Dear friends,

We are just back from the vibrant Malaysian capital of Kuala Lumpur, where for two days we discussed the state of democracy in Southeast Asia. Some the region’s brightest and most prolific activists, researchers, former heads of government and other officials warned of a backsliding of democracy across the region. Here are the main takeaways:

Democracy in retreat

Populism, illicit electoral financing and the politics of identity are among the biggest threats to democracy in Southeast Asia. Opening the conference, former Indonesian President Dr. Haji Susilo Bambang Yudhoyono stated that “there is an attempt to swing the pendulum back towards authoritarianism. If this trend gains momentum, it is possible that we will see the reversal of democratic expansion that we have seen in recent decades.”

Pluralism vs politics of identity

Southeast Asia’s pluralistic societies, one of the region’s strengths, are threatened by growing sectarianism and manipulation of identity politics by political leaders. The emergence of ideologies based on race or religion was identified as posing a central threat to the democratic process.

Democracy AND economic development

While some contend that democracy comes at the expense of development and economic progress, President Yudhoyono answered that the Indonesian example demonstrates that one must not come at the expense of the other: in the long run, democracies regularly outperform autocracies economically.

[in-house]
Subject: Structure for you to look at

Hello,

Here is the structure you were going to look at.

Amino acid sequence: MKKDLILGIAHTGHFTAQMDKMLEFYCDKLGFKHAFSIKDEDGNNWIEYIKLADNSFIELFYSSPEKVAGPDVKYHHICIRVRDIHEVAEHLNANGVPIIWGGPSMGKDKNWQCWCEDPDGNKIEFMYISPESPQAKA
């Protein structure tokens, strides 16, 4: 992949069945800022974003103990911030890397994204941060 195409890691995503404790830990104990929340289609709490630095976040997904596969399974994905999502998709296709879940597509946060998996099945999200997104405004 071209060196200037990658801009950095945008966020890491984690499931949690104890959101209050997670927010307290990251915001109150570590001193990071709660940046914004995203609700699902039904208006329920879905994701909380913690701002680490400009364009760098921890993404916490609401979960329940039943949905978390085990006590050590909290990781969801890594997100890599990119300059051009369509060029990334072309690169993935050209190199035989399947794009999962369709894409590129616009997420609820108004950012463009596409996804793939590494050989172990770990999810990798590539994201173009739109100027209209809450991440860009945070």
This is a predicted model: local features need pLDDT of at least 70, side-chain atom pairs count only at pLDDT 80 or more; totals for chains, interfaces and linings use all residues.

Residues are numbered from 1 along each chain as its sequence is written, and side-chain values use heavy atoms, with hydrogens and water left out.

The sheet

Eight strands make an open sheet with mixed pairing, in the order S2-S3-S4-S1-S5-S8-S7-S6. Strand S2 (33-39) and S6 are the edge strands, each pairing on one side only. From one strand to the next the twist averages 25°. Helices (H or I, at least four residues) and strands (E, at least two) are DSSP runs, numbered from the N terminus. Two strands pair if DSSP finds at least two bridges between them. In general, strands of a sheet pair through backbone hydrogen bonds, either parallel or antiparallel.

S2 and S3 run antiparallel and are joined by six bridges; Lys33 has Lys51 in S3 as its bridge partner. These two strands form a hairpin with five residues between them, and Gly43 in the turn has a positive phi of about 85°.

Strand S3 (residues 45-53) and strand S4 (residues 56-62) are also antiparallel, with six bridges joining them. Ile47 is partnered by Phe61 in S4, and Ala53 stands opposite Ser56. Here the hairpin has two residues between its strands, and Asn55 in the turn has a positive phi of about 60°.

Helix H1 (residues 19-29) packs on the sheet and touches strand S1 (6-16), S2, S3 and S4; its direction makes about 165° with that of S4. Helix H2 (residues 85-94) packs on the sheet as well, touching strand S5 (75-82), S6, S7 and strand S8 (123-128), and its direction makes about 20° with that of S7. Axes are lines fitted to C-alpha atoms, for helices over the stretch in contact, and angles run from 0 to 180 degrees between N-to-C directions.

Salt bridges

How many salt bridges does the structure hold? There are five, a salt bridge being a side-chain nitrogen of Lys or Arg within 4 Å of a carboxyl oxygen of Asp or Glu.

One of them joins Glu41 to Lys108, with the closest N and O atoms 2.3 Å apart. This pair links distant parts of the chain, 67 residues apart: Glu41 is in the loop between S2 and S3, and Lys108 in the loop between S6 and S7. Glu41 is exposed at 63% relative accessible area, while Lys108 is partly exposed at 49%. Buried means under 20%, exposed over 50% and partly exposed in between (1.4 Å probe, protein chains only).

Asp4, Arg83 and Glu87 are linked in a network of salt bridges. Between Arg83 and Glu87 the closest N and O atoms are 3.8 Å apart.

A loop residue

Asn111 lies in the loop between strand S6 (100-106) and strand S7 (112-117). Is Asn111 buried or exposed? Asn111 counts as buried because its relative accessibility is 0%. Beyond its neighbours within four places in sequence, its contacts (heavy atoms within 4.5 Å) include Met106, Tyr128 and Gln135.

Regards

Pragmatic way forward? Safeguard electoral integrity!

In his closing statement, former Secretary Geberal of ASEAN and former Thai Minister for Foreign Affairs Surin Pitsuwan stated that “Southeast Asia needs to re-imagine a more efficient and holistic form of democracy. To progress further, political processes need to include not just society’s upper 10%, but all people, including those who remain at the fringes of society today.” Dr Pitsuwan identified electoral integrity as “the next pragmatic step forward for the region’s progress.”

Conference Report

We are currently working to capture the conference’s salient action points in a report, which will be launched in October 2017. We will share this with you next month.

-Kofi Annan Foundation

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